Discussion with spoilers: A Dance with Dragons by George RR Martin

This post is a discussion with spoilers for A Dance with Dragons.  It seems a bit irrelevant to review the fifth book in a beloved epic series — if you haven’t read any of the A Song of Ice and Fire books yet you won’t start with Dance, and if you’re already into the series you probably finished this book way before I did — so instead I’d love to discuss it in the comments!

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10 comments on “Discussion with spoilers: A Dance with Dragons by George RR Martin

  1. That … was frustrating.

    It has never taken me more than a week to finish a Martin book. This one took me months — months! And not just because the hardback didn’t fit into my carry-on. I kept stalling out and losing interest in the narrative. Here are some reasons why.

    * I was frustrated by Dany’s infatuation with Daario. It seemed to undo a lot of her character development to have her mooning over this creep. Being attracted to him physically is one thing. But honestly falling in love with him, thinking that she would give up her throne for him, all the while knowing that he’s bragging about sleeping with her and that he’d lose interest in a second if she didn’t have a crown — that’s another thing entirely. Plus, did I mention he’s a creep? I hope Drogon eats him in the next book.

    * Do we really need another claimant to the throne? Prince Aegon doesn’t feel entirely necessary (despite what we learn in this book about each dragon needing its own rider). I was very intrigued by the idea that Varys and Illyrio have been playing a long game to get the Targaryens back on the throne, but the way they’ve handled it doesn’t make sense to me. If the plan was for Viserys to marry a Dornish princess to bring Dorne over to the support of King Aegon, why did Illyrio raise Dany and Viserys to believe that he was working to put Viserys on the throne? Pulling a bait-and-switch of that magnitude on someone as unbalanced as Viserys seems incredibly dangerous. Unless the plan was always for Khal Drogo to give Viserys a really unique crown, but I’m not sure even Varys is that prescient.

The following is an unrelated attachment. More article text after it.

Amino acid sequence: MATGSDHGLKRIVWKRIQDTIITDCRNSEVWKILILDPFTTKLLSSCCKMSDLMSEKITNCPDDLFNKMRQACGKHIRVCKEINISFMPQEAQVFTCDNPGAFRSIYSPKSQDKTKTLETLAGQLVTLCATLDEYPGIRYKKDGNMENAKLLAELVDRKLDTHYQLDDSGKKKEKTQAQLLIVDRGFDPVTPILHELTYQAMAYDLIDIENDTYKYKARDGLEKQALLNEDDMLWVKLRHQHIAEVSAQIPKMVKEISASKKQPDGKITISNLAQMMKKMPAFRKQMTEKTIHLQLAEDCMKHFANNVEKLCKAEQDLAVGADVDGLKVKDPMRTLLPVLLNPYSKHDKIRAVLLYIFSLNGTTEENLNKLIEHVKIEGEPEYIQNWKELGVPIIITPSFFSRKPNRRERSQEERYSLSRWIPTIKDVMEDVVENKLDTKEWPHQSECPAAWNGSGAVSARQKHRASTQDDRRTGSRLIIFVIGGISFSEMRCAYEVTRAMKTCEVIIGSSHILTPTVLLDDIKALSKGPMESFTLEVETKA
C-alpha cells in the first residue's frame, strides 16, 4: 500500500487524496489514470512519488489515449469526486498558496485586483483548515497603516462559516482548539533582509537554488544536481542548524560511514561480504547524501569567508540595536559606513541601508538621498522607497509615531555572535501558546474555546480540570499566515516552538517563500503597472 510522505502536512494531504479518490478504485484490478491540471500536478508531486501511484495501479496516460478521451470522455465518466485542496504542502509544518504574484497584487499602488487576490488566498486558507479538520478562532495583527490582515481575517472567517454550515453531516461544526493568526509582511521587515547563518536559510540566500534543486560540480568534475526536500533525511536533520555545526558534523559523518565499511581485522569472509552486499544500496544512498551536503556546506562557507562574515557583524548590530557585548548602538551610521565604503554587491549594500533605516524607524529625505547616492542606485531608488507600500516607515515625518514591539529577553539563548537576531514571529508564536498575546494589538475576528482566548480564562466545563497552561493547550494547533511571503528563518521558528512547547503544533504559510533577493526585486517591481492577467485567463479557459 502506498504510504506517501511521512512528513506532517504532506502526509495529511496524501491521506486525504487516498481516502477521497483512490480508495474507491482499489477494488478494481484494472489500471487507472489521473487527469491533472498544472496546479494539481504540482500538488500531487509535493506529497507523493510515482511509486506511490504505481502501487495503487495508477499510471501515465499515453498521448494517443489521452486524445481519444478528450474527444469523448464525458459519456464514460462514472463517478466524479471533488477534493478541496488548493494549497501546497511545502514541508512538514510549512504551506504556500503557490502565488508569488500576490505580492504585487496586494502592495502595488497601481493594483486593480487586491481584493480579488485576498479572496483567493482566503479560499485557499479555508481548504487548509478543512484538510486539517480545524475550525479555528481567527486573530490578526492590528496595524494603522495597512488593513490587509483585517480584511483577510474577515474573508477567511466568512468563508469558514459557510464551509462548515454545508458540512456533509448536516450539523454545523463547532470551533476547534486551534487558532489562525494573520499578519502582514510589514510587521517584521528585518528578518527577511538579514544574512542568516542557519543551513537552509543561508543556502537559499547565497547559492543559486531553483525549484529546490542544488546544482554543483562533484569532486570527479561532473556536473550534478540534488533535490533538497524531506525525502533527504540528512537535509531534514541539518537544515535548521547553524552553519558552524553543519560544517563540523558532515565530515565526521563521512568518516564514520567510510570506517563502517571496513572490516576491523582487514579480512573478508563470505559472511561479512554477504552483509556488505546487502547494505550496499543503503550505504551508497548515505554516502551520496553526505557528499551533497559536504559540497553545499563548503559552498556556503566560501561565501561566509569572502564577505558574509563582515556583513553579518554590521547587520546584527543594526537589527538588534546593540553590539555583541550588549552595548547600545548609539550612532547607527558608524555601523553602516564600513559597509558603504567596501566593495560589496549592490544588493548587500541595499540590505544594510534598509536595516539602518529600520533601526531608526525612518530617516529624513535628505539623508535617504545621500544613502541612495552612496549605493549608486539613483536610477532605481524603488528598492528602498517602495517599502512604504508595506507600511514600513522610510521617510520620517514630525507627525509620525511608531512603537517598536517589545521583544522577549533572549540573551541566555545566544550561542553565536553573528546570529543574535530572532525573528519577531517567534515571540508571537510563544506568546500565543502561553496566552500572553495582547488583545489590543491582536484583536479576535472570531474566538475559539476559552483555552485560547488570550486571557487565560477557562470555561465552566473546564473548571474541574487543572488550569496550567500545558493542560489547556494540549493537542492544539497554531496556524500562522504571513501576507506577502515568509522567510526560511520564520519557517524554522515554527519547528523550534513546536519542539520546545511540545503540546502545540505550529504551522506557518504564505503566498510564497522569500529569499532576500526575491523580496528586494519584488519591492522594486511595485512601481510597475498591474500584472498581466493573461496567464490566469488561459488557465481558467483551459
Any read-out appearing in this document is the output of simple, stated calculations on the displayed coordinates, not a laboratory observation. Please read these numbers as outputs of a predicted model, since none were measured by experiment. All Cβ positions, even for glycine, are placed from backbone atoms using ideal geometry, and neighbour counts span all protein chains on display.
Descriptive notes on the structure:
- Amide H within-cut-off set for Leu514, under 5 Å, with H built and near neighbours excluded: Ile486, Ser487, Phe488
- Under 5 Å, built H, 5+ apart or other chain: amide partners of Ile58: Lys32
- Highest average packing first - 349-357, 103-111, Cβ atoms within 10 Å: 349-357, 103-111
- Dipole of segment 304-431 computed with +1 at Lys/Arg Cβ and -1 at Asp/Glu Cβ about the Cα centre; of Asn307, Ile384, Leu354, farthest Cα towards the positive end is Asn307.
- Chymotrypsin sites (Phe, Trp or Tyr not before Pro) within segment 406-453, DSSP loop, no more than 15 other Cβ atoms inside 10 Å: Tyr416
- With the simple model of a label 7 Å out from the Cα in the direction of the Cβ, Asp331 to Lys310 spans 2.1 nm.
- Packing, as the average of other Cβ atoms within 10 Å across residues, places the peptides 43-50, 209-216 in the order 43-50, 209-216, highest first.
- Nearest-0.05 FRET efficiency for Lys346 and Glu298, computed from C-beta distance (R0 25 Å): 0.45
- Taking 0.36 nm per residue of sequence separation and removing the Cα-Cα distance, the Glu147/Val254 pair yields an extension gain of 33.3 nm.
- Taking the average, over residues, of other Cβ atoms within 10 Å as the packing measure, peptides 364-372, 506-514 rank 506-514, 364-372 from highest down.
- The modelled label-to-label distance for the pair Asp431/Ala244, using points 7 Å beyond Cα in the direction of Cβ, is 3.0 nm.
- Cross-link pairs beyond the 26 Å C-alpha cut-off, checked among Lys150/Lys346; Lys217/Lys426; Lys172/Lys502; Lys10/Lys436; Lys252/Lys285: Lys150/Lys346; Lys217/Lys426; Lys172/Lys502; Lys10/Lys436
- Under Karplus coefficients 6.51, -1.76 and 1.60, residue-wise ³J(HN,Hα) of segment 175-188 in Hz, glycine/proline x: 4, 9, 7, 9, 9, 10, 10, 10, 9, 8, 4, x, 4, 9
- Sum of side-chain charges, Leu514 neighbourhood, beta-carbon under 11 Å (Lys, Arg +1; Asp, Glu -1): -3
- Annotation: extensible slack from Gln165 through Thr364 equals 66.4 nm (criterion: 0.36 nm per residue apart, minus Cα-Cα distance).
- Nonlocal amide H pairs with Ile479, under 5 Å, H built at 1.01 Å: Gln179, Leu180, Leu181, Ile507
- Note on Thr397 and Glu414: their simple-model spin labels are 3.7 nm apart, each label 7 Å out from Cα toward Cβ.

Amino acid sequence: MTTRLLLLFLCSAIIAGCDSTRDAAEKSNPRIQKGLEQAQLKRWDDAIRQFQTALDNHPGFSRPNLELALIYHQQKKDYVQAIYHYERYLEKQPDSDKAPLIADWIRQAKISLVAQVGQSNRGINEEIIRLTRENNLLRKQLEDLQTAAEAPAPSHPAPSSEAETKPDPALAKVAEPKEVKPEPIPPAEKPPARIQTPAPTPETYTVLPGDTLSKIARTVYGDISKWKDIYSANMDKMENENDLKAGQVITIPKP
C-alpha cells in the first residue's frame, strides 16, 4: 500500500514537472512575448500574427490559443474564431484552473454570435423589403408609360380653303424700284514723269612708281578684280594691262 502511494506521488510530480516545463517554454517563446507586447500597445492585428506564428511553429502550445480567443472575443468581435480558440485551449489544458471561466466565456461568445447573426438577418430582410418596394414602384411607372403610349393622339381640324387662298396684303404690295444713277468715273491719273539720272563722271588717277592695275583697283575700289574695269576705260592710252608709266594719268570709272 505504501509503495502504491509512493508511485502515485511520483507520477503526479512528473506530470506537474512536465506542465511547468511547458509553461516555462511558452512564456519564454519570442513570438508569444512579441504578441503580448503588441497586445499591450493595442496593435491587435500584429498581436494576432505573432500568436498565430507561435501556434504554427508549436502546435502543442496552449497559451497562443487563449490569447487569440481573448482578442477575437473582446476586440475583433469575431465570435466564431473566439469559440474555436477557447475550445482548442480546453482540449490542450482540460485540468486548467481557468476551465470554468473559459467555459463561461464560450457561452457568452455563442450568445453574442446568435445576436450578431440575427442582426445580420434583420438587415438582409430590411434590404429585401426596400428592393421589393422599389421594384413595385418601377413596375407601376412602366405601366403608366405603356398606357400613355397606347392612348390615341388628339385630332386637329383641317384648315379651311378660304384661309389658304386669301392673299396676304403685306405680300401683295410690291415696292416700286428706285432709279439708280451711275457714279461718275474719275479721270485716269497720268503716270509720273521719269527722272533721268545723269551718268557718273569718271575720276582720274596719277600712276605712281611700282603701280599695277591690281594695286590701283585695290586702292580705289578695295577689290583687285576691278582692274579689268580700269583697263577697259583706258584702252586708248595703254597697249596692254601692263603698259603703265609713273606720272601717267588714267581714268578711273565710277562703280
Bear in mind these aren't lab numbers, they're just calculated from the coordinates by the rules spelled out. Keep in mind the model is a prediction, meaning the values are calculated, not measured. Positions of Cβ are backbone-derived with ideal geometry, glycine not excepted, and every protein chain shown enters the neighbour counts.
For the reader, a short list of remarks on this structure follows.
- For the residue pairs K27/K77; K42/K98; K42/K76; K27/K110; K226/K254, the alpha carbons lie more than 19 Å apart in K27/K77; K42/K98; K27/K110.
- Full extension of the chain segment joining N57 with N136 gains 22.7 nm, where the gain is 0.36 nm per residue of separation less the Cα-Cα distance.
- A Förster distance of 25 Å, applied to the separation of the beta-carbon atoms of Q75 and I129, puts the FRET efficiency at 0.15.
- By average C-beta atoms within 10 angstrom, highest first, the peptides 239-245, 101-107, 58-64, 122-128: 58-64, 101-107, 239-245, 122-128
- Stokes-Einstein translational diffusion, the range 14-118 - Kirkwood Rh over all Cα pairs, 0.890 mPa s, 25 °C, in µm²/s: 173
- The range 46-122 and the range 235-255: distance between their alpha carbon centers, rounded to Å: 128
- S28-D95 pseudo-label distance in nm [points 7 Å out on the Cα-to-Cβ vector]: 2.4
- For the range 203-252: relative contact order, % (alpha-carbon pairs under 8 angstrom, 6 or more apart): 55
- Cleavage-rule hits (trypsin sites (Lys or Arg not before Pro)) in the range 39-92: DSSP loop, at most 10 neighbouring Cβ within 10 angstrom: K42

* I spent the entire book waiting for Tyrion and Dany to cross paths and it never happened. I like Dany, but the major weakness of her storyline has been its isolation from every other POV character. I was dying for her to meet a major Westeros player at last, especially my very favorite character. Instead Tyrion kept getting kidnapped. Tyrion’s conversations with fellow dwarf Penny were interesting character moments, but it kind of killed me to watch him get further and further away from the true Game of Thrones.

    * Similarly, we spent a lot of the book watching Stannis’s army almost freeze to death on the way to fight the Boltons, and then we didn’t see the battle! All we see is the note from Ramsay Bolton to Jon Snow declaring that the battle is over, Stannis is dead, and he has Lightbringer and Mance Rayder. Talk about an anti-climax.

    Then again, is Ramsay lying? His note demands the return of Reek and his bride, but we know Reek and Jeyne met up with Stannis’s army — if Stannis were defeated wouldn’t Ramsay already have them back? Perhaps there’s more to the situation than Ramsay Bolton claims. Or maybe Reek and Jeyne just escaped during the battle and that storyline really was as anti-climactic as it seemed.

    * Speaking of Ramsay, I could have done with a lot less of his creepy relationship with Reek. We get it — Ramsay is a monster and Reek is basically his to command because of the psychological damage.

    * Is Jon dead? The book ends with him being stabbed after declaring that he will leave the Night’s Watch to mount a rescue for his sister. I’m not sure having a major cliffhanger in such an action-light book was the right call. I prefer Martin’s usual technique of showing a major event (e.g. the Red Wedding or Ned’s execution), showing some of its fallout, and then ending the book. Not knowing Jon’s fate after the attack just added to my overall frustration with Dance.